Saturday, November 8, 2008

Obama transition

Obama gave his first press conference yesterday, and has already announced his Chief of Staff, Rahm Emmanuel. I had always assumed that Rahm would end up with a high-level position in an Obama Administration, and CoS seemed like an obvious one. Note that while John Boehner, GOP leader in the House immediately blasted it, Lindsey Graham, the Republican Senator from South Carolina, praised it as a "wise" decision.

Interestingly, Byrd has in fact stepped down as chair of the Appropriations Committee. We'll have to see who the replacement is, but in general, Byrd doesn't exactly have the strongest committment to progressive policies especially in the environmental realm, so I think this is good news for the Dems. Besides, he's 90, time for someone else to have a shot. Earlier I heard Inoye from Hawaii floated as a replacement, but he's in his 80s, and I'm not sure if that makes much sense. We'll see, I guess. Over in the House, Waxman, whom you might remember as the bald, mustachiod guy from the baseball steroid hearings, is challenging Dingell from Michigan for chair of the House Energy and Commerce Committee. For the reason I'd love for Byrd to step down, Dingell has been a real road bump towards much environmental legislation (he represents entrenched car interests). Further, Waxman has always struck me as, if nothing else, sincere and truly committed to the progressive cause, so more power to him.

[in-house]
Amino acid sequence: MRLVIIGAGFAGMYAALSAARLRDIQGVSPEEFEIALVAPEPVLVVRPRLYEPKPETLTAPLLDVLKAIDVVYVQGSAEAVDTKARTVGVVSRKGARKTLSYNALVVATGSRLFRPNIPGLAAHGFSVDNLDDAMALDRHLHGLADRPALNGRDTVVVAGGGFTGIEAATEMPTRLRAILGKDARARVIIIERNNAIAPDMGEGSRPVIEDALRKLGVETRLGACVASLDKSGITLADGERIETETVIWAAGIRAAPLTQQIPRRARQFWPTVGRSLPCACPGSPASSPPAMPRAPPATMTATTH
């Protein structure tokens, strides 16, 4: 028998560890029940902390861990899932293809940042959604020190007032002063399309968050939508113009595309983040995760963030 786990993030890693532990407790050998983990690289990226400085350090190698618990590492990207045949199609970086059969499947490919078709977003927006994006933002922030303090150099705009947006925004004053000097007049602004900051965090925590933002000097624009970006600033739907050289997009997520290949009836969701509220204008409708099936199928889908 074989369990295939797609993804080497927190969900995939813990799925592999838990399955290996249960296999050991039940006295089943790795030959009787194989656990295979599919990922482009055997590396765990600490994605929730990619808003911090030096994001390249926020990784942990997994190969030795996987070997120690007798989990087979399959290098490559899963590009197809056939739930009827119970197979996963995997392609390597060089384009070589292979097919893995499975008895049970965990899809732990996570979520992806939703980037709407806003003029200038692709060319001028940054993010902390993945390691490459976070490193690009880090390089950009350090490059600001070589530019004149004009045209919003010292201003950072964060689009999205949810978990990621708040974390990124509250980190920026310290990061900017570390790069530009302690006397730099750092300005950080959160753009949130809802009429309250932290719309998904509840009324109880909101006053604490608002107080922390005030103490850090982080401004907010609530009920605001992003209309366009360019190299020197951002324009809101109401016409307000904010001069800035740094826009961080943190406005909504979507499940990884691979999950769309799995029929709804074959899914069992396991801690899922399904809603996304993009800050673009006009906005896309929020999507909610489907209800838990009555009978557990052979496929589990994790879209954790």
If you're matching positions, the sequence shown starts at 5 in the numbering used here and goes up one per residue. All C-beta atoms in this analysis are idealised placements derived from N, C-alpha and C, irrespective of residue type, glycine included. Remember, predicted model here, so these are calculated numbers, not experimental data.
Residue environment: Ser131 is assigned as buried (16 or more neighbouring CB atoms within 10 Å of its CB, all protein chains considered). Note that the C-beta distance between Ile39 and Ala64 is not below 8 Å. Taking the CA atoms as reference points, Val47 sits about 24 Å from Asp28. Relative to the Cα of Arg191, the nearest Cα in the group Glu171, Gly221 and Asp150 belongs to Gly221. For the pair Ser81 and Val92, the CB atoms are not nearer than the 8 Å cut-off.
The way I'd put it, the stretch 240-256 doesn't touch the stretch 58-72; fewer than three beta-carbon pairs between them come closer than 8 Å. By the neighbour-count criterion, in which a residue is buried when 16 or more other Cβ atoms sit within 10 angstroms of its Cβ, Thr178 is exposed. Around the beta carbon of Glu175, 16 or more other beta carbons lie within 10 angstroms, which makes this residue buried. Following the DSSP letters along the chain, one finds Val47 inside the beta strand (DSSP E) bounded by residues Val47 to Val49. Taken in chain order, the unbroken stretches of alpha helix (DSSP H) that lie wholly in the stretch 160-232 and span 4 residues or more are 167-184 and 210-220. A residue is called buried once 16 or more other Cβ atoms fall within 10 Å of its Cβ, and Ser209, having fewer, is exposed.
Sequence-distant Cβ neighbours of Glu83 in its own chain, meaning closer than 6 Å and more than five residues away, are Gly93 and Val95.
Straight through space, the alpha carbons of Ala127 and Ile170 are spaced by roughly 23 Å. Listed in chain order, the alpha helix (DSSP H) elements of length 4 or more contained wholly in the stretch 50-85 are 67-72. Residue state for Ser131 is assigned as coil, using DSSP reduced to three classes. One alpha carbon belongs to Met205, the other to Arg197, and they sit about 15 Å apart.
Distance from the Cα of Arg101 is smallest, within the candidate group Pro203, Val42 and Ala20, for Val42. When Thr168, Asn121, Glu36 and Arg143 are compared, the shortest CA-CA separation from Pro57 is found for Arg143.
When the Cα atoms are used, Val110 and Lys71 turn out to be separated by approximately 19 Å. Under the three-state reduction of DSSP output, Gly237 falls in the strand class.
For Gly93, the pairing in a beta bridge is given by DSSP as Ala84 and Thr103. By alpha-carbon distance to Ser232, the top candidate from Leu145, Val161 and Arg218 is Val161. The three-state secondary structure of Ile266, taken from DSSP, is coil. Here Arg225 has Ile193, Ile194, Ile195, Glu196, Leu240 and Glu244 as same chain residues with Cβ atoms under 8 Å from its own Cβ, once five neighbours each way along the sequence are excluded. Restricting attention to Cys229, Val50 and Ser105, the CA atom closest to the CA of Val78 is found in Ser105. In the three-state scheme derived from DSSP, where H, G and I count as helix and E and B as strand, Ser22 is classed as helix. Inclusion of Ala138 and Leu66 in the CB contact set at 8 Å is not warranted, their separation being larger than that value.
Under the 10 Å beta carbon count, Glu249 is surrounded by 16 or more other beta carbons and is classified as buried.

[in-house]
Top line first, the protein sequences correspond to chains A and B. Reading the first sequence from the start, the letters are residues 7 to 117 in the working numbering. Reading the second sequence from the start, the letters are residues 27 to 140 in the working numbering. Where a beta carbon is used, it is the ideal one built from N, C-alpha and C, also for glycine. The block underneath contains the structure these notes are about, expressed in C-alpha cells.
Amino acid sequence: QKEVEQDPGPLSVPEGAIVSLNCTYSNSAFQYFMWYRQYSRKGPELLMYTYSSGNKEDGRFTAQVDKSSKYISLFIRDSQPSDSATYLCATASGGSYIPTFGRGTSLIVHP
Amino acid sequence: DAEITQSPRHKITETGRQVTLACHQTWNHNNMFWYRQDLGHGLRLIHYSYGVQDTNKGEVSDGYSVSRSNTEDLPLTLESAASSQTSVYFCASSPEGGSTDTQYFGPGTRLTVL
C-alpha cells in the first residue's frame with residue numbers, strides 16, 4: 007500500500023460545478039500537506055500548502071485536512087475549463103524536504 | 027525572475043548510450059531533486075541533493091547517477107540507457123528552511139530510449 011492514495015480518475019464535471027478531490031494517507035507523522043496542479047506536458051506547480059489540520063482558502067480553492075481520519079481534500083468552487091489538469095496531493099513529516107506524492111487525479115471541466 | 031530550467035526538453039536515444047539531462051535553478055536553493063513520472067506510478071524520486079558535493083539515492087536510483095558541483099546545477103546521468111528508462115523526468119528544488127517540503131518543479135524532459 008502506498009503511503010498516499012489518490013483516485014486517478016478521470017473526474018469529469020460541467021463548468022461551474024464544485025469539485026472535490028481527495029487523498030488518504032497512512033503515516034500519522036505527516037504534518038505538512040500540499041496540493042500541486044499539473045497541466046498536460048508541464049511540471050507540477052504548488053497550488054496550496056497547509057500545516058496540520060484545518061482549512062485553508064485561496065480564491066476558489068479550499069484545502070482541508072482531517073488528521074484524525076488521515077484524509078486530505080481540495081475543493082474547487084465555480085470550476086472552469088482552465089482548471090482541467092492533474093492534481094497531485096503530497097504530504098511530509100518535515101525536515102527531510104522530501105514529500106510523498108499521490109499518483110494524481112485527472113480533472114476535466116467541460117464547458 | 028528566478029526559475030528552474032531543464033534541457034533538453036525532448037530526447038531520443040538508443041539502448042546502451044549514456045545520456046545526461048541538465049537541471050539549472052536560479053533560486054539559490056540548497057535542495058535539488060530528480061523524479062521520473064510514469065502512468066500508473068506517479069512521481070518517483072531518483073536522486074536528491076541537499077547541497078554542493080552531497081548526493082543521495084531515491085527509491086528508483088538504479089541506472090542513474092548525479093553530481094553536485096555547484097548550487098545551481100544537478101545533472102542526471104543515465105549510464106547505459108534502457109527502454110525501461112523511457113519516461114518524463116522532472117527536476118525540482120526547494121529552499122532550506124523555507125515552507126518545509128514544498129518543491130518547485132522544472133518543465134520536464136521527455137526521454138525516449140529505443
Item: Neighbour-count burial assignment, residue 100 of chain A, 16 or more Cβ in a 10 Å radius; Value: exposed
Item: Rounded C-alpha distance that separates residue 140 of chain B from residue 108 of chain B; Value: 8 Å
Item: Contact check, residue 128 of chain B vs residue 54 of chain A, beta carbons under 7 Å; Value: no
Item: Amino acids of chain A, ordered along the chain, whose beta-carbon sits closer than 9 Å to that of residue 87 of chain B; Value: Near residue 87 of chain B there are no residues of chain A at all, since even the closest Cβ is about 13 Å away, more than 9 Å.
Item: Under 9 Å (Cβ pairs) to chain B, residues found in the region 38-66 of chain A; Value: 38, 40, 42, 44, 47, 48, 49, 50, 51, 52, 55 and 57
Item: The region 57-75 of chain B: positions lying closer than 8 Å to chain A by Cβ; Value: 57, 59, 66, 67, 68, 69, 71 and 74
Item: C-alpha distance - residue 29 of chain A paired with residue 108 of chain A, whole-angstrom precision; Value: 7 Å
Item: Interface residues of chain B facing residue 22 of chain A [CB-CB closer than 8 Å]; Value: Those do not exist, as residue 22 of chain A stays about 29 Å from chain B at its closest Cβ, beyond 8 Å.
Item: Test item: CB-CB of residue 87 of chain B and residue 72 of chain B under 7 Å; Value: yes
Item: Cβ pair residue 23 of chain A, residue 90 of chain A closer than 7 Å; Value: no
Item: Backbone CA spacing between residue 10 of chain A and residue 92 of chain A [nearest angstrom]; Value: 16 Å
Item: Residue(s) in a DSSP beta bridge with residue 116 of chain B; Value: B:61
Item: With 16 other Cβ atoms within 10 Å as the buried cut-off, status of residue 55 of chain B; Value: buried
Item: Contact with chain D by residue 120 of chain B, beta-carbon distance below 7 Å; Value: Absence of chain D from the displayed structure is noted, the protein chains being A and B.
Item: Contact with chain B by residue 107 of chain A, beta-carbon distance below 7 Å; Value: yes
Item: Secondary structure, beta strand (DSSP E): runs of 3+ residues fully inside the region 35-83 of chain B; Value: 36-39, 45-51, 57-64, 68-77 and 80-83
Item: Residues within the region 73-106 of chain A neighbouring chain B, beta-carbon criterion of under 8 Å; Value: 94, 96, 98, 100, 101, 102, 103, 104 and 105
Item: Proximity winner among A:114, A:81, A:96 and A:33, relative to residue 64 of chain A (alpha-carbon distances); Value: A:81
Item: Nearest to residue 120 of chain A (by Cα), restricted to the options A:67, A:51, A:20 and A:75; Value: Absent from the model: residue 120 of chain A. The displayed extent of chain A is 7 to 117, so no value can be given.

Ned Nedelender writes in:
As noted above, a liberal Supreme Court death in February has got to be the nightmare for Obama. Not the tone you want to set for you admin. But it does raise an interesting parlor question: if you're Obama and you have your druthers, when do you want the first SC retirement? I assume one will happen at the end of the session in June, but that's probably earlier than I want if I'm Barack...

I've been wondering the same thing. I agree that an immediate retirement/death would not be a good thing for Obama, because the Supreme Court battles tend to occur along the more social rifts in our society, Roe v. Wade being at the top of the list, of course, but stem cells, torture (is that a social issue?), etc. Obama doesn't want to refight these battles, especially when the process is largely out of his hands once he picks the guy or girl. If I were Barack, I'd be hoping for at least a year of my presidency, working with strong majorities in both houses, to actually get policy stuff done before dealing with any Supreme Court stuff. Of course, it will be interesting to see many on the Right who insisted on an 'up-or-down vote' during the Bush Administration do exactly the opposite.